Study Guide: Deciding to Follow Jesus

Sunday October 5, 2003 | Dwayne Polk

Focus Scripture:

Brief Summary:

Dwayne Polk’s message this week continued in the line of Greg’s ongoing focus on discipleship this year. Polk described the decision whether or not to follow Christ as a “choice of critical significance.”

Extended Summary:

Dwayne Polk’s message this week continued in the line of Greg’s ongoing focus on discipleship this year. In 21st century American society, we find ourselves living in a culture that is submerged in the need to have choice, and the consumerism that arises from that perceived need. As Greg taught earlier this year, whether we know it or not, this culture negatively influences many of the things that we do in life, even our lives and identities in the Christian faith. Brother Polk asked us to recognize this truth and, at the same time, to consider what it means to make the choice to follow Jesus Christ. Using the scripture text Luke 14:25-33, Polk described the decision whether or not to follow Christ as a “choice of critical significance.” Two things characterize this type of choice. First, the choice’s importance demands that a person must realistically count the costs involved to make sure that the person can do what the decision requires. Second, the choice, once made, may significantly limit, or even remove, the amount of options that will be open to a person in the future. Brother Polk used the decision to marry as an example of what a “critically significant choice” looks like. The decision whether or not to enter marital covenant is an extremely important choice that demands that both people understand the monogamous and dedicated nature of that covenant and that both people are willing to make such a commitment. Unfortunately, just like some of us can rush into marriage without fully “counting the costs” and considering the requirements of marriage, some of us can rush into the decision to be a disciple of Christ without fully considering what costs are involved and what may be required of us. A way to prevent this is to talk about what some of those “costs” are and see where we stand on those costs.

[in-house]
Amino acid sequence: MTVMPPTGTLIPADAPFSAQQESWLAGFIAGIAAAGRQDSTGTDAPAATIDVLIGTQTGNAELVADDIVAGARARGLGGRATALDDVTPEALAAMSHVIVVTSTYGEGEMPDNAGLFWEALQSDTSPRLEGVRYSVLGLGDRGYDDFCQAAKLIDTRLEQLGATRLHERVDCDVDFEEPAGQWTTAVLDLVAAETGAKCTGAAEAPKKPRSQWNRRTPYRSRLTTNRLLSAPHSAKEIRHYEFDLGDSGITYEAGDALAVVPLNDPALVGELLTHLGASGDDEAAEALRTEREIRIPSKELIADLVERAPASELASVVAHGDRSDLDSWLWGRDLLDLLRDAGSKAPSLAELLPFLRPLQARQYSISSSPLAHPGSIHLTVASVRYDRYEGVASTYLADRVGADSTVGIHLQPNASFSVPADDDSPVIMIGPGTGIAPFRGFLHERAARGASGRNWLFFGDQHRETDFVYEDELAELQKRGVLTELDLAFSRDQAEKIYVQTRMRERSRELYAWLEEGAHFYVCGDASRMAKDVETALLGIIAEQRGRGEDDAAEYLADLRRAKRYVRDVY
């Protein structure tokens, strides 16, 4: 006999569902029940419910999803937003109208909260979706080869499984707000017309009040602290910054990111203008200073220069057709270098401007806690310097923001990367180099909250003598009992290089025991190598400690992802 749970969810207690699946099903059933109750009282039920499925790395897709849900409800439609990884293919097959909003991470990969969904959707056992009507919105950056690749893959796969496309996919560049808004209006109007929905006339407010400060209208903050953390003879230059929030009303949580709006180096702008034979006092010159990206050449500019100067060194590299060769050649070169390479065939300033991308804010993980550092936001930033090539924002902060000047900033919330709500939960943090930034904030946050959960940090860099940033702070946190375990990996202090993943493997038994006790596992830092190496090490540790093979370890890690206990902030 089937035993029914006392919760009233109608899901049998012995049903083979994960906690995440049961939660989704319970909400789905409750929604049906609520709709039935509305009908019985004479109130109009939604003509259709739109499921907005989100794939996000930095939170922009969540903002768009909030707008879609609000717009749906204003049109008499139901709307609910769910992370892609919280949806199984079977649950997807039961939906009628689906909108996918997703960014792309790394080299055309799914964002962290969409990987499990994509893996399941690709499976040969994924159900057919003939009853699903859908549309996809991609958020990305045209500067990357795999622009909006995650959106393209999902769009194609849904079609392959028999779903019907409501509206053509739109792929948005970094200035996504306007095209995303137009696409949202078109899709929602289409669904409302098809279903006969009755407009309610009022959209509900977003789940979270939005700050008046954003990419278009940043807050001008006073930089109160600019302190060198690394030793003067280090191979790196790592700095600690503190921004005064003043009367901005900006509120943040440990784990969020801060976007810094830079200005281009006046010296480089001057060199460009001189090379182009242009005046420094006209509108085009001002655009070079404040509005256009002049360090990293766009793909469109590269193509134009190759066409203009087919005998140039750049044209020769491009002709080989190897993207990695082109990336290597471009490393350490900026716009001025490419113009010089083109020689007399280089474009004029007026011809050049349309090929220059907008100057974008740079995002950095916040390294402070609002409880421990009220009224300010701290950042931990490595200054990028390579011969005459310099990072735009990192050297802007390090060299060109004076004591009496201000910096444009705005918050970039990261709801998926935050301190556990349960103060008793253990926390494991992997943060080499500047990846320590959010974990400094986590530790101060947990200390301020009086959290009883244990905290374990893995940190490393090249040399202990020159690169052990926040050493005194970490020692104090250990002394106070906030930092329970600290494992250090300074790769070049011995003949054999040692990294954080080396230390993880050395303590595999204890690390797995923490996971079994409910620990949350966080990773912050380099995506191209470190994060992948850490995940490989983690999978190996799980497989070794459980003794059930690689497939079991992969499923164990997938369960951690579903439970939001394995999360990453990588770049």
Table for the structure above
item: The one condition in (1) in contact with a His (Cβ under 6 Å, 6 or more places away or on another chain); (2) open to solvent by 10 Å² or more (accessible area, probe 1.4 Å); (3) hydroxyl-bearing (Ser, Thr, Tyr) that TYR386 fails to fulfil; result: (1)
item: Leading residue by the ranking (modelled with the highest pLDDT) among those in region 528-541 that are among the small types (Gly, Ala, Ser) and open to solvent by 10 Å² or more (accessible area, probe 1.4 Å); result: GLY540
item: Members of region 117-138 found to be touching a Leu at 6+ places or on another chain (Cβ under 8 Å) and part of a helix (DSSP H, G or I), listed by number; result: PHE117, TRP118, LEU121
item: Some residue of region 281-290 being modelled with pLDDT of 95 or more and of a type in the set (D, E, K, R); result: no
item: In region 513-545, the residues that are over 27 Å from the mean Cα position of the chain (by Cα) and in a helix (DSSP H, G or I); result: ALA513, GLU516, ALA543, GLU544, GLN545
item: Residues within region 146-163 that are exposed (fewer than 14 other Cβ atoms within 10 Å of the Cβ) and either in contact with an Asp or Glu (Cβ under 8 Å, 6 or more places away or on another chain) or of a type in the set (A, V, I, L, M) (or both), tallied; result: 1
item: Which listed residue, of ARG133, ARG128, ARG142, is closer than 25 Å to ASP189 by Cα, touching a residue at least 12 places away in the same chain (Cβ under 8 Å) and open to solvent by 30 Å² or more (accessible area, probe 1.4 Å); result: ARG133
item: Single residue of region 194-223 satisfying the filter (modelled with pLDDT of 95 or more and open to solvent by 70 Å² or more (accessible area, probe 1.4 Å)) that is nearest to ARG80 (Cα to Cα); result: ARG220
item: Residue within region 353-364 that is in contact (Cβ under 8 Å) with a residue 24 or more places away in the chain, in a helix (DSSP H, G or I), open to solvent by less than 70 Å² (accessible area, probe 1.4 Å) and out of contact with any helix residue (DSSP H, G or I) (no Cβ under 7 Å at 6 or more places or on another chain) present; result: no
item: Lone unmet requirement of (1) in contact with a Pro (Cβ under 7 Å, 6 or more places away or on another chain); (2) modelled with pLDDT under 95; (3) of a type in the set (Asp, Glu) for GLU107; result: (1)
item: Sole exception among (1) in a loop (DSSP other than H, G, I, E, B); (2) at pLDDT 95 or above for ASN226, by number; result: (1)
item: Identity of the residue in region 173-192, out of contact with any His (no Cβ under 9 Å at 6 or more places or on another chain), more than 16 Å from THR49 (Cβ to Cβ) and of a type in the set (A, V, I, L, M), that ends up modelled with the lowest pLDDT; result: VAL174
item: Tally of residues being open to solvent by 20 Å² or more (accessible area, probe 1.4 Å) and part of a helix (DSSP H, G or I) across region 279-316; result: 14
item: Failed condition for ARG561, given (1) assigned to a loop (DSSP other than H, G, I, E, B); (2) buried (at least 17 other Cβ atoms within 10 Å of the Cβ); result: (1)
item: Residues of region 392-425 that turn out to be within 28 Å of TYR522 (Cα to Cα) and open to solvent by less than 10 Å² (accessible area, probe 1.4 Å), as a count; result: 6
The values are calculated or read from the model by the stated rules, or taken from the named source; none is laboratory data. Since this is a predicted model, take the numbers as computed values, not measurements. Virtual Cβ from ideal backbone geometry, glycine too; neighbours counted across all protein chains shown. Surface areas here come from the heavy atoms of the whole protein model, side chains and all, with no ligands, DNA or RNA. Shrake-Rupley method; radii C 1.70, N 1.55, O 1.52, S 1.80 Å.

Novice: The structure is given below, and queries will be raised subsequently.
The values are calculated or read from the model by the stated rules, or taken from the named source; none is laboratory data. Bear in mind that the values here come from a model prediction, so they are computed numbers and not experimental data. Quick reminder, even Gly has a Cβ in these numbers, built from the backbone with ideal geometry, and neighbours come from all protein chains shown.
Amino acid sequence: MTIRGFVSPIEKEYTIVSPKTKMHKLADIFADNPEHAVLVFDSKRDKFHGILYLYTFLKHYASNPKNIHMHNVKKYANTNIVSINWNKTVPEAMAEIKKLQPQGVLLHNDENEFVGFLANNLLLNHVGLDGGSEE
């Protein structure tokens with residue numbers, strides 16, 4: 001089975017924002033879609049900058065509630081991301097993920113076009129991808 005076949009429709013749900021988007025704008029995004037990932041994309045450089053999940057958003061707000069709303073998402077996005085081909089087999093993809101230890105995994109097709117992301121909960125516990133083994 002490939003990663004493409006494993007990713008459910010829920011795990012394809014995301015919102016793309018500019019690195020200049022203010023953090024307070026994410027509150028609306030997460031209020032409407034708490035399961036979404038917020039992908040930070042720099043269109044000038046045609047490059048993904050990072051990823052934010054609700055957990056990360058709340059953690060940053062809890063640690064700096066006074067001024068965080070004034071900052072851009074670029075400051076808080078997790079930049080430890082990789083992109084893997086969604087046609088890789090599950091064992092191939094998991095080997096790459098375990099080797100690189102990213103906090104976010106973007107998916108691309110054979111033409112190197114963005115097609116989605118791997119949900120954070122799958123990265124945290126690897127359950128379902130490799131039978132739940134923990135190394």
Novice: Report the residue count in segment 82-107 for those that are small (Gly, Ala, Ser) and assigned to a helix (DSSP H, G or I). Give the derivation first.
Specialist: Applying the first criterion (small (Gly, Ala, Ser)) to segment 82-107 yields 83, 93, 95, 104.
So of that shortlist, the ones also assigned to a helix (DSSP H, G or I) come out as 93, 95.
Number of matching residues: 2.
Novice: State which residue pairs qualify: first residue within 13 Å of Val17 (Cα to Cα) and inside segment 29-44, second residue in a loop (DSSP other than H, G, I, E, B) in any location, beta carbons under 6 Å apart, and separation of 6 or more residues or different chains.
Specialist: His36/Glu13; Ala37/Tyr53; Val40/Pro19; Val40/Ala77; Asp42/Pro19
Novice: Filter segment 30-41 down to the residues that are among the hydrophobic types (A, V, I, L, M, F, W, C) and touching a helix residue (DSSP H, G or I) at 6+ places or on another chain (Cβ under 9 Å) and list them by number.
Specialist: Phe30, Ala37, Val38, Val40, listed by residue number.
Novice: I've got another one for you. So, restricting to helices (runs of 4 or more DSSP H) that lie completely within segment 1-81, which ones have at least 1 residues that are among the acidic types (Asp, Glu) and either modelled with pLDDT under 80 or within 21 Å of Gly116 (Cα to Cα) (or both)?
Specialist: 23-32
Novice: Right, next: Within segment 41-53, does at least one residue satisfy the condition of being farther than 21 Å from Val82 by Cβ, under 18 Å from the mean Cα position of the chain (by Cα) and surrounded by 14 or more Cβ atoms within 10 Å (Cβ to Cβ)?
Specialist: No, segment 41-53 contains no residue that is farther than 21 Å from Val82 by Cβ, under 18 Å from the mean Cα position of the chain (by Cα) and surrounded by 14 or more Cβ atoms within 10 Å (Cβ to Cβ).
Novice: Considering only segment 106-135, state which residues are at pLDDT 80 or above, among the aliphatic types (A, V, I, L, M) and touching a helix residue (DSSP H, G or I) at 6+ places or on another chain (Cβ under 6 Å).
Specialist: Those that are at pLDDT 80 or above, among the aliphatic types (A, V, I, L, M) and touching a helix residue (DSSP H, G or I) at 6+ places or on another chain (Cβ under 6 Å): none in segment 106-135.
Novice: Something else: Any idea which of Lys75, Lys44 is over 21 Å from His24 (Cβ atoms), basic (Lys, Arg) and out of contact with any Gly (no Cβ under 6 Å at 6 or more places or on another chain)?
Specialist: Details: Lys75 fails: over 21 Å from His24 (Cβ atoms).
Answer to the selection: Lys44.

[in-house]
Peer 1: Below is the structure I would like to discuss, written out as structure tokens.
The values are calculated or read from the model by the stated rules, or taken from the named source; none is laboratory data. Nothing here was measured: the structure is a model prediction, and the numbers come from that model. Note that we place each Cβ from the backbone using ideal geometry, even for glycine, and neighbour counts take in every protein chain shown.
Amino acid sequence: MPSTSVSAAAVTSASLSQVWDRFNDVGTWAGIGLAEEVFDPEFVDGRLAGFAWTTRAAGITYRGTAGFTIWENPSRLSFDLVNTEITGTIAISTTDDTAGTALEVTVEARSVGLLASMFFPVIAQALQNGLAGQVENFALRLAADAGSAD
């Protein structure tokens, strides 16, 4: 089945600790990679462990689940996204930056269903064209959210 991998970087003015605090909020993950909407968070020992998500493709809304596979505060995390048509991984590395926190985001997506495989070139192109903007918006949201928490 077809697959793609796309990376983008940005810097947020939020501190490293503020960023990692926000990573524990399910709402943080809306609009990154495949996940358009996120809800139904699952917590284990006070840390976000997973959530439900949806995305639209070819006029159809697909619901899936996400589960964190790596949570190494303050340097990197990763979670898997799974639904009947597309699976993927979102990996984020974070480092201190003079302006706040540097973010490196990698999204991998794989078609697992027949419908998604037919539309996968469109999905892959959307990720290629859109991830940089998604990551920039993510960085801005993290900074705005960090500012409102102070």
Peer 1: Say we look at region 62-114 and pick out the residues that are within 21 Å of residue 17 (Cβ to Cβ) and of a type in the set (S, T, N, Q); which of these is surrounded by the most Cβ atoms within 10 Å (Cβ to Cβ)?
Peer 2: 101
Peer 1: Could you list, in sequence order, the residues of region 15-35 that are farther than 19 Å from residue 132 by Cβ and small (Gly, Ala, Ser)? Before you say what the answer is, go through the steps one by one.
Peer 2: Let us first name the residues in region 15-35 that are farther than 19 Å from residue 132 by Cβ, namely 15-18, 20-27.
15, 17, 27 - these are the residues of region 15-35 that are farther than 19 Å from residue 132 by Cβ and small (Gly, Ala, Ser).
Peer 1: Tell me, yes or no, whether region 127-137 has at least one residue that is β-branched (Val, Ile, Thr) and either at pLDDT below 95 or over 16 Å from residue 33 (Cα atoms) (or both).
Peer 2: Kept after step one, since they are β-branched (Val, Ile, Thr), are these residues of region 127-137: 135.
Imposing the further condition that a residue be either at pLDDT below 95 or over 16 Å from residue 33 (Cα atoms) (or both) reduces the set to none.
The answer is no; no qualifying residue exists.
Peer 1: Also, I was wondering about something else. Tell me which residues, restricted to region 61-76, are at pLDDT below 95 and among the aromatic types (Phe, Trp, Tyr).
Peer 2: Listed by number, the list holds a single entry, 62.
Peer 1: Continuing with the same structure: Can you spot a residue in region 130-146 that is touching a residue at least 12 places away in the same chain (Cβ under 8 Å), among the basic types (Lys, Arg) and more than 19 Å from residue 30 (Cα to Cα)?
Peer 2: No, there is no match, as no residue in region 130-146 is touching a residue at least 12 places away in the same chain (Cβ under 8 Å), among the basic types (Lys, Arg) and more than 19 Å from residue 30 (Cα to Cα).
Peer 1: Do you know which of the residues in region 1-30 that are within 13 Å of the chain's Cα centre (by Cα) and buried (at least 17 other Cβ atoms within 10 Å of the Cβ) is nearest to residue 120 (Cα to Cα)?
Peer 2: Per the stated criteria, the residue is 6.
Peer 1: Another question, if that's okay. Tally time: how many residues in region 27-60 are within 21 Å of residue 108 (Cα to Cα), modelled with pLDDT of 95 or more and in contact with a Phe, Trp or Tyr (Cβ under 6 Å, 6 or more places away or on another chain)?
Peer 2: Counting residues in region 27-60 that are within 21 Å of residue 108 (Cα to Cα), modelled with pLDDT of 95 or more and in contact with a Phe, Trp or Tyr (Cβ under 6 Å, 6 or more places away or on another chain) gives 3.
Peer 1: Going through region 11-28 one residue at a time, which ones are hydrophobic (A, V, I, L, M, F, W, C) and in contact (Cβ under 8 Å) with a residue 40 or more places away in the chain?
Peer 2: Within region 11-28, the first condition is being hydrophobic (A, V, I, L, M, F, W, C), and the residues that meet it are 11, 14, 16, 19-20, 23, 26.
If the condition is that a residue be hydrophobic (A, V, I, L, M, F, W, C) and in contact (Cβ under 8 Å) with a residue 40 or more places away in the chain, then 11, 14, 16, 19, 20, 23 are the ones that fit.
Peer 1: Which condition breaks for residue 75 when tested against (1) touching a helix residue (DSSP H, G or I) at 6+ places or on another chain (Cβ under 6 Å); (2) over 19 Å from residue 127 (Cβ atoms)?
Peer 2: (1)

Discipleship, as is everything in the Christian life, is founded upon love. Brother Polk reminded us of Greg’s earlier teaching that discipleship is the concrete manifestation of love. We are not only commanded by God to radically love God and love the neighbor as ourselves (Mark 12:30-31), but we are also told by Jesus that love is to be our distinctive mark of being his disciples (John 13:31-35). Because we are both commanded and called by God to be a people of radical love, radical love is a non-negotiable foundation of Christian discipleship. If we make the decision to become a disciple of Christ, loving God and our neighbor is no longer a matter of choice. God commands this. Polk further specified three distinct things that followed from non-negotiable love within Christian discipleship. These aspects of Christian love, he stated, were things that had been topics of sermons from Greg and Efrem Smith earlier this year. They are:

  1. Radical obedience – From a grounding of love for God, disciples are called to always obey God’s commandments and leading. (1 John 2:3-6)
  2. Daily denial of self / death to self – Disciples are called to always “deny themselves”, and put to death the false self, in order to follow Christ. (Mark 8:34-35)
  3. Continuous life of reconciliation – Disciples of Christ must always acknowledge being recipients of the love and forgiveness of God and are entrusted with the “message of reconciliation” to live out in a hurting, broken world.

Reflection Questions:

  1. Think about the challenge that Dwayne has spoken from God to us this week. How do you feel that God is calling us as individuals and as a group in the area of radical obedience to God’s will? How is God calling us individually and corporately in denying ourselves for the sake of God’s kingdom? How is God speaking to us individually and as a group about living out God’s reconciliation to the world? What are some concrete things that we can do and pray for in each of these areas?
  2. Dwayne, quoting Dietrich Bonhoeffer, said that in Christianity, “the badge of true discipleship is suffering.” What do you think about this statement, with respect to your own lives, both as individuals and as a group? What are the struggles of considering such a life of “suffering” in our American culture today?
  3. Think about the God-given Mission and Vision of Woodland Hills Church. What are your thoughts on these statements of God’s call to our church? How do you see yourself (both individually and as a group) playing an active part in these things?